Last Updated Jun 22, 2011 5:54 PM EDT
Why is it that the least important person in a presentation can hijack the entire meeting? You have been in these sessions: You are in full presentation mode and then that person starts the "challenging question" interrogation. It can sound like this --
- "Don't you think that your approach costs too much for a company our size?"
- "How do you expect to integrate with our proprietary system if you have never worked with it before?"
- "What real and direct background do you have working in our industry?"
Here are a few strategies to stop the detour and get your meeting back on track:
1. Defer - The easiest one is to defer answering the challenge until the end of the presentation by saying, "That's a good question, I believe we address some of what you are asking in the balance of this presentation. I'll make certain to circle back with you at the end of the presentation to make certain we address anything left unanswered."
2. Isolate - If you have a persistent provocateur, I encourage a different approach. Isolate this person and this issue by saying, "This seems like this issue is big enough for its own conversation. I want to honor your concerns and provide a more detailed answer than our time allows today. Let's agree to set a meeting for you and any one else who is interested from this group and I'll make certain we have a thorough discussion of that point."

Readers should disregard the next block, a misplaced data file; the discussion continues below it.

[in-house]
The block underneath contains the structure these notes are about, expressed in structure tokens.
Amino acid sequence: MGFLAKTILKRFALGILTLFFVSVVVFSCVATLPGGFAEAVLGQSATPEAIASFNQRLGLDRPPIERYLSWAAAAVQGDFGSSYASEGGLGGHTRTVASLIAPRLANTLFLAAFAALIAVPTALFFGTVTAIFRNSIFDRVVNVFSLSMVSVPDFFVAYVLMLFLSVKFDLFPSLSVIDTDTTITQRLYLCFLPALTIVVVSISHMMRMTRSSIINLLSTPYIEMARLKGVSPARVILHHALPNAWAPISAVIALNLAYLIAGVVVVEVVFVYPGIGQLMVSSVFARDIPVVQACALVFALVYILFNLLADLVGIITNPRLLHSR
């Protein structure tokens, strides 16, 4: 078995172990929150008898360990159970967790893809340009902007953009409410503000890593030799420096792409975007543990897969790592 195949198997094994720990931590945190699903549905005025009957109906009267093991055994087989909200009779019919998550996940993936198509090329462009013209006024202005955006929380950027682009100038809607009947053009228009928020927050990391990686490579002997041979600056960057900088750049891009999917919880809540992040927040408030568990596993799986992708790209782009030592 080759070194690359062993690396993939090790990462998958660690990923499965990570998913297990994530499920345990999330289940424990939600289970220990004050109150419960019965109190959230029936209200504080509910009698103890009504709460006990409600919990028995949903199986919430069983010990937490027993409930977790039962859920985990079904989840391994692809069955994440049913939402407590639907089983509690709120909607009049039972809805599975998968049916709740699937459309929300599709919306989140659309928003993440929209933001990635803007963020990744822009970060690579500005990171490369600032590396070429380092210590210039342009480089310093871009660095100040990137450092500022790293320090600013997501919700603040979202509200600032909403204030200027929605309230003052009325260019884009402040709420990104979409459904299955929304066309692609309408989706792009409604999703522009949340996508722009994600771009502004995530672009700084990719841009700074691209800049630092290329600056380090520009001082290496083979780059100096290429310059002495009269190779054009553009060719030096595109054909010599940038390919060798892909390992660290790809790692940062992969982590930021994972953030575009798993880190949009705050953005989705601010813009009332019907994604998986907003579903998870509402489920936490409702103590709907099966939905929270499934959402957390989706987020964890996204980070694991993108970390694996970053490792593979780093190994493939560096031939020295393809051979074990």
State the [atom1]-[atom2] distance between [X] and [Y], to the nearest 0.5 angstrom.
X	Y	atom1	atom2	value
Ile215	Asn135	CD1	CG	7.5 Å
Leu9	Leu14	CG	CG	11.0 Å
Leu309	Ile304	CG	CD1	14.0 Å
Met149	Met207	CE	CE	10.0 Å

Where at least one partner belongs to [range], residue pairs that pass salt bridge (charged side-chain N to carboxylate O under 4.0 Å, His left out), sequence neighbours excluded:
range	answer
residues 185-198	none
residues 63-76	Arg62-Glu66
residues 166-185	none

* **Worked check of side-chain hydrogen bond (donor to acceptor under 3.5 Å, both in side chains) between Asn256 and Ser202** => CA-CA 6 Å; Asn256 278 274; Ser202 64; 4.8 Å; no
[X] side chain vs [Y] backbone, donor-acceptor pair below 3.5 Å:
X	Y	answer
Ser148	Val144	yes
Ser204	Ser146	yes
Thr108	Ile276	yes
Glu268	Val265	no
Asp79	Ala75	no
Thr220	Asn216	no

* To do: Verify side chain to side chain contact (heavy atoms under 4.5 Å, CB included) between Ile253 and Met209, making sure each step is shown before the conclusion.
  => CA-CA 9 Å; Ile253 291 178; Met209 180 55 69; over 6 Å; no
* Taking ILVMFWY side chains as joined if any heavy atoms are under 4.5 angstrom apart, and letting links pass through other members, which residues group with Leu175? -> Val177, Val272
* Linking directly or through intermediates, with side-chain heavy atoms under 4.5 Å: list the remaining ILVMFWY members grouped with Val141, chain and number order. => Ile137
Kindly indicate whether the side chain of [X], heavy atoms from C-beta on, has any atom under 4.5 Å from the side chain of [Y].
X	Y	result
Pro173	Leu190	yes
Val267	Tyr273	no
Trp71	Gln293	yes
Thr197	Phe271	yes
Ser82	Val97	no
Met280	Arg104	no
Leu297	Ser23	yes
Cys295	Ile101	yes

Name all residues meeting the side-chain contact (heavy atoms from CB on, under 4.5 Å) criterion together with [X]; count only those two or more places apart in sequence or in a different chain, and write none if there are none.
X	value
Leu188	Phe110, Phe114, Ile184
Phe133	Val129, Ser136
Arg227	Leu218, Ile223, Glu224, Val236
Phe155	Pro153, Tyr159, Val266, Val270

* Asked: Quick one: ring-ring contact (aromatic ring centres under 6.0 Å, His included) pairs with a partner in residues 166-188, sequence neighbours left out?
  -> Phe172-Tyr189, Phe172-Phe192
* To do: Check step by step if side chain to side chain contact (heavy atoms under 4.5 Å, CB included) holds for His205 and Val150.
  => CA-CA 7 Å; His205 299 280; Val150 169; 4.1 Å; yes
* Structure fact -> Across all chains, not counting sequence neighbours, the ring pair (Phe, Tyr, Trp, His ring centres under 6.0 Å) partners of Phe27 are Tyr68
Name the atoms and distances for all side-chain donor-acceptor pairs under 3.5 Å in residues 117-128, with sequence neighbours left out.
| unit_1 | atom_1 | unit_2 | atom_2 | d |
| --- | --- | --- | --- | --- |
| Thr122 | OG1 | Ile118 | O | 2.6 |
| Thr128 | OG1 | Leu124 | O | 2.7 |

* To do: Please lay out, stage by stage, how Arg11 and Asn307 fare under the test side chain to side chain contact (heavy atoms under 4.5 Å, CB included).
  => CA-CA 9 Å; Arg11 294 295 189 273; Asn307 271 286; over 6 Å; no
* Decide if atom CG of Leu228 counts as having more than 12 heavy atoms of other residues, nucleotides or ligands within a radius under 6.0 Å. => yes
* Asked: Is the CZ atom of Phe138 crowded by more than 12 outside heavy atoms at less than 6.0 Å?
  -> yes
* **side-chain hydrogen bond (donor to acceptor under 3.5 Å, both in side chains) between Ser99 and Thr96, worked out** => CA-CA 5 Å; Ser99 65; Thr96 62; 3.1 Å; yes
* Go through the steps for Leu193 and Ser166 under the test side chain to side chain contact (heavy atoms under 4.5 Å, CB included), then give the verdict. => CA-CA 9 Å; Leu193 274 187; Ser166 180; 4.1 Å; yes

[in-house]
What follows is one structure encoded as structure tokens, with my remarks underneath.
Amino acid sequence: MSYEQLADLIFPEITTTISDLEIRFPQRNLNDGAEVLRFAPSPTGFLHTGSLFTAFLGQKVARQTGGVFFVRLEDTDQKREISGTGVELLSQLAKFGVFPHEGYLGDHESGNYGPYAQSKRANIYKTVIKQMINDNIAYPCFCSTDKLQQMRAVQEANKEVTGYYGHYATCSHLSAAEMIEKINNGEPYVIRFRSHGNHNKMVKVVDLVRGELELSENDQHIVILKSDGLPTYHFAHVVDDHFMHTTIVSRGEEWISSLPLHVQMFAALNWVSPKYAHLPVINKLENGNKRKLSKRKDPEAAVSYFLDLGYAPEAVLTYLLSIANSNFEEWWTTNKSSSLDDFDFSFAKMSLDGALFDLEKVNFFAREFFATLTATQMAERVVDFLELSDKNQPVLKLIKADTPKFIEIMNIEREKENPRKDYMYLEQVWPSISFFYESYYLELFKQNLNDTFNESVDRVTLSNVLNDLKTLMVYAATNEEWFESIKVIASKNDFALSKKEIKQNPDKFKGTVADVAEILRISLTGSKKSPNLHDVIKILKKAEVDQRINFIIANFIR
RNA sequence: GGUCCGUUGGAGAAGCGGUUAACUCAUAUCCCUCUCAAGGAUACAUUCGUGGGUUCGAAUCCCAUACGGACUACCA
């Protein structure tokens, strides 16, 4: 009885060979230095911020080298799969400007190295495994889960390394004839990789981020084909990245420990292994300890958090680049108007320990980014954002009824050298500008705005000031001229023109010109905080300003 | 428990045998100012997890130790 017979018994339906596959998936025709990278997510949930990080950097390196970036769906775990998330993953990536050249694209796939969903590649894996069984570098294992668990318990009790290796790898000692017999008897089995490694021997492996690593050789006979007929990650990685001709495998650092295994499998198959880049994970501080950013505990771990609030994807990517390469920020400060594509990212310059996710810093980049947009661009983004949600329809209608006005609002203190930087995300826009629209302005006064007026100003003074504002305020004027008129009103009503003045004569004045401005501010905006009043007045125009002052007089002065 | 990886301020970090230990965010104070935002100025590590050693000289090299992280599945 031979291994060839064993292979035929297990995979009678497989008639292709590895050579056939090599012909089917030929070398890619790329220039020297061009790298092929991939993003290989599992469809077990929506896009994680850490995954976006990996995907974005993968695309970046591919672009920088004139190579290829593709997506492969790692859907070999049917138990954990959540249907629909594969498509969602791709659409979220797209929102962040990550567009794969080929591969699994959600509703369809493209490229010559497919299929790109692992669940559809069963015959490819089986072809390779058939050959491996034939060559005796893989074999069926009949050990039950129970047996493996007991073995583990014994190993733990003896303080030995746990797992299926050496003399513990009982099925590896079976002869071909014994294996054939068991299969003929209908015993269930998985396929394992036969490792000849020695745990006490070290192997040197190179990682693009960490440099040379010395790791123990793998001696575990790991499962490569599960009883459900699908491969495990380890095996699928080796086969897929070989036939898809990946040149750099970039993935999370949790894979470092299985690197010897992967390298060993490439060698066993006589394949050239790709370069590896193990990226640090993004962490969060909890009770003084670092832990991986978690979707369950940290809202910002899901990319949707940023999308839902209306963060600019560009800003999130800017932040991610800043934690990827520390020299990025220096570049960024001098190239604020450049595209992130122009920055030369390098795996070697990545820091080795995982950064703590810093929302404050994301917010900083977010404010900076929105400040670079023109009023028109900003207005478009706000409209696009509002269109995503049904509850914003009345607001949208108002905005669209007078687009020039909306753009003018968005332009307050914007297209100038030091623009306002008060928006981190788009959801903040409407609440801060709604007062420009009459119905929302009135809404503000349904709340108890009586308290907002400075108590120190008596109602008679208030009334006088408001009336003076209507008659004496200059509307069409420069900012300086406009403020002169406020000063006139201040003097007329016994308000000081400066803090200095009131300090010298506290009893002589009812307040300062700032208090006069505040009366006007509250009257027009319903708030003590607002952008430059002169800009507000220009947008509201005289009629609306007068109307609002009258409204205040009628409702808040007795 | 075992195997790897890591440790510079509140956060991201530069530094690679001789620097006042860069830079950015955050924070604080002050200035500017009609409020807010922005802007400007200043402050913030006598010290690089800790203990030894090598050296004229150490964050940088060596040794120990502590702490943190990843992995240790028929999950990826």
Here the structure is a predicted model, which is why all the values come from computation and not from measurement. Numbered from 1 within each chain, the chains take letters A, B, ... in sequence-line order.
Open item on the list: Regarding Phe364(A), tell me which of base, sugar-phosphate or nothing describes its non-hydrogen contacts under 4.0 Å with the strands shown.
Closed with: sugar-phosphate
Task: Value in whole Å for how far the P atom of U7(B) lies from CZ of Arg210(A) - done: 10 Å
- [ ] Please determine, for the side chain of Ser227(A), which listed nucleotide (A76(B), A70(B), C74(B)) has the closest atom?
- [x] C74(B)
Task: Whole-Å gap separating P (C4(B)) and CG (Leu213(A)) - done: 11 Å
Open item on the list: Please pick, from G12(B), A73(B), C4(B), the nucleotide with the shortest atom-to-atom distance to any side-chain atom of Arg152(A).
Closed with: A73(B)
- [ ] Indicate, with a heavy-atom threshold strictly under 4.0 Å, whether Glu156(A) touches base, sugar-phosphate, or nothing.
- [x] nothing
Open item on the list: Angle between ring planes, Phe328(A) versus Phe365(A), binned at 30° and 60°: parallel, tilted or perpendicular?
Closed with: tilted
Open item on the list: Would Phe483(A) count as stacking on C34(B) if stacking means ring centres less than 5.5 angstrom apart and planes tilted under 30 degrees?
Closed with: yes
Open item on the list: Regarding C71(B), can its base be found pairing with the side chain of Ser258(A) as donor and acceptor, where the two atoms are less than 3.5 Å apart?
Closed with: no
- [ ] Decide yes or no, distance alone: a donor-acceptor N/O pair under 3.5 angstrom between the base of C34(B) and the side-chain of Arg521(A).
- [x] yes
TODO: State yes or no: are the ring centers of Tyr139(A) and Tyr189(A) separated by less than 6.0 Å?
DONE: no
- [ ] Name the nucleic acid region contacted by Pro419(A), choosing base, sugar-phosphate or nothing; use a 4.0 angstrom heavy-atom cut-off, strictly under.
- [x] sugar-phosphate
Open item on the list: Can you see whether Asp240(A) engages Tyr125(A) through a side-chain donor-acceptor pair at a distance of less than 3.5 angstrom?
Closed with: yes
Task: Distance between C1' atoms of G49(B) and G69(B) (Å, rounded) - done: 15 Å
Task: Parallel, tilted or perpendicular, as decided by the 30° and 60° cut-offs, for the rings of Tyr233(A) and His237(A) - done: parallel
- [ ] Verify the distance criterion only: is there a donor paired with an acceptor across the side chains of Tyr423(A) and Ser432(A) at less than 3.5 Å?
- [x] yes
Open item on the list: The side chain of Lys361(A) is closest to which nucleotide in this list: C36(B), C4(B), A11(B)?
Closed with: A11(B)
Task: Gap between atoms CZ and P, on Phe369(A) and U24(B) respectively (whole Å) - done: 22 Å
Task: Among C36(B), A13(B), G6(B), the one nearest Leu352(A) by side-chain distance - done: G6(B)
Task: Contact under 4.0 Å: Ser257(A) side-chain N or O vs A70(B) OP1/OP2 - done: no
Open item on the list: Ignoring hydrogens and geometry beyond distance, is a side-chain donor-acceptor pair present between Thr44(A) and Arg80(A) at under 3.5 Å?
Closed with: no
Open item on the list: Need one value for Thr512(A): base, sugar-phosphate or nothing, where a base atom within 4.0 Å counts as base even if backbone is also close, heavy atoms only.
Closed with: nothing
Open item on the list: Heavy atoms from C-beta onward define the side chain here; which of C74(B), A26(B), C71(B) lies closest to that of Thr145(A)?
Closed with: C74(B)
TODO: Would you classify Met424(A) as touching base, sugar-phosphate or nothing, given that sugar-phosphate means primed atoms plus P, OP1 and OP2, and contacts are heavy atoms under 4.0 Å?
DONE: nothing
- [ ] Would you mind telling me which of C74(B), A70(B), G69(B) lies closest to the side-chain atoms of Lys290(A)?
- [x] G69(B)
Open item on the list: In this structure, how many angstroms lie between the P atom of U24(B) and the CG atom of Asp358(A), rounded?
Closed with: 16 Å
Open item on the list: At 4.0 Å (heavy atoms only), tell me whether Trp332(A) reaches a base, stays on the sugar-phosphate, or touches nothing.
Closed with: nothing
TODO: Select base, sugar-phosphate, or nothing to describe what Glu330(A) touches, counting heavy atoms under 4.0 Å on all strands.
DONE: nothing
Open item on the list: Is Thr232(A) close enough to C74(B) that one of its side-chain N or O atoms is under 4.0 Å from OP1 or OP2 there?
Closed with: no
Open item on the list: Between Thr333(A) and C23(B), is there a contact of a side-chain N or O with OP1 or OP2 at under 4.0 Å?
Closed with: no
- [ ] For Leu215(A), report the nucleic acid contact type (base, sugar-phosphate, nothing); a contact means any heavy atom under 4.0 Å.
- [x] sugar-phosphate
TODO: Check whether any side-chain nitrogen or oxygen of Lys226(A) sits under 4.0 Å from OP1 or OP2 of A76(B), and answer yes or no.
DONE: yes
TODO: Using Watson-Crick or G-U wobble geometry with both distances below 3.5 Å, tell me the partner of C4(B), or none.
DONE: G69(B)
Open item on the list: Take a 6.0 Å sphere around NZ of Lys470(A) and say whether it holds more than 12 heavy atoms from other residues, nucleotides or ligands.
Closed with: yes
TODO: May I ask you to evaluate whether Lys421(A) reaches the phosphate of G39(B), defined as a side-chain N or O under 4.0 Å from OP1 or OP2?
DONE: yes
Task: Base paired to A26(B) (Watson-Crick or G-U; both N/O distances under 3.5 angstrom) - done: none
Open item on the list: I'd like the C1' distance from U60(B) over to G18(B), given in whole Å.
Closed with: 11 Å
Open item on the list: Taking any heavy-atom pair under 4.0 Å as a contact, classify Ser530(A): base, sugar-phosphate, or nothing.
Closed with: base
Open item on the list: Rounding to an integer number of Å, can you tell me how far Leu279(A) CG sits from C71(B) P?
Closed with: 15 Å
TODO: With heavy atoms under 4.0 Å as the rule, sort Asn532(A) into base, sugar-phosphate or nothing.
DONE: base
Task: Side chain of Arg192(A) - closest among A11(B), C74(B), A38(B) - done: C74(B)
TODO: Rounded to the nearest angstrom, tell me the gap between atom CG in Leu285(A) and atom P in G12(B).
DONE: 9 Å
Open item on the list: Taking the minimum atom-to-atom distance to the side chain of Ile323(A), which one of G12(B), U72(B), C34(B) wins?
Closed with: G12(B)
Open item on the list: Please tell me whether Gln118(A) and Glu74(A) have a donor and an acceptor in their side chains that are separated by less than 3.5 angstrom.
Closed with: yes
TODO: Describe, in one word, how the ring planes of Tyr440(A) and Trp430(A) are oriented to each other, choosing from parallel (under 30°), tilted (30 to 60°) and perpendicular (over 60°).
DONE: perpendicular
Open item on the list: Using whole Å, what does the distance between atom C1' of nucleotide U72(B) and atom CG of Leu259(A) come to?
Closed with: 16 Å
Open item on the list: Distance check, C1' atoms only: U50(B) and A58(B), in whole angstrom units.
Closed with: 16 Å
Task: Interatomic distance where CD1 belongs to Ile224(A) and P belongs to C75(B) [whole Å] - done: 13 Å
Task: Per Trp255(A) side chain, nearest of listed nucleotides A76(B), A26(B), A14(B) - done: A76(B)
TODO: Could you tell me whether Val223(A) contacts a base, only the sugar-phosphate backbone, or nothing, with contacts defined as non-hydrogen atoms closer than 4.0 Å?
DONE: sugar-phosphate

3. Recruit - Look to your executive sponsor for the meeting and say out loud, "This seems like an issue that needs addressing but is outside of the scope of this meeting's purpose. If it is alright, I would like to table this issue for this meeting and return to it another time." You are looking to your sponsor to confirm a shared understanding of the meeting's purpose and support in closing down this particular discussion thread for the time being.
Most of the time, these approaches will be enough to close out the issue temporarily. Often times, that same person will be unwilling to then meet afterward. That's okay. Send out an email to the group who was in the meeting that says, "Please find attached an answer to John's question from our meeting. We are working to schedule a follow-up meeting if necessary and will circulate notes from that meeting if appropriate."
The monopolizer's behavior is not unique to your meeting. He or she acts like this during internal meetings as well. You can tell because as they interrupt your presentation you can see the eye rolls, the setting down of pencils, or the focused doodling of the rest of the people in the room.
By managing the monopolizer, you not only keep the meeting on track, you also can win some new supporters and friends in the meeting.
To share more tips on how to avoid having your meeting hijacked, leave a note in the comments or join The High Performance Sales Network on LinkedIn.
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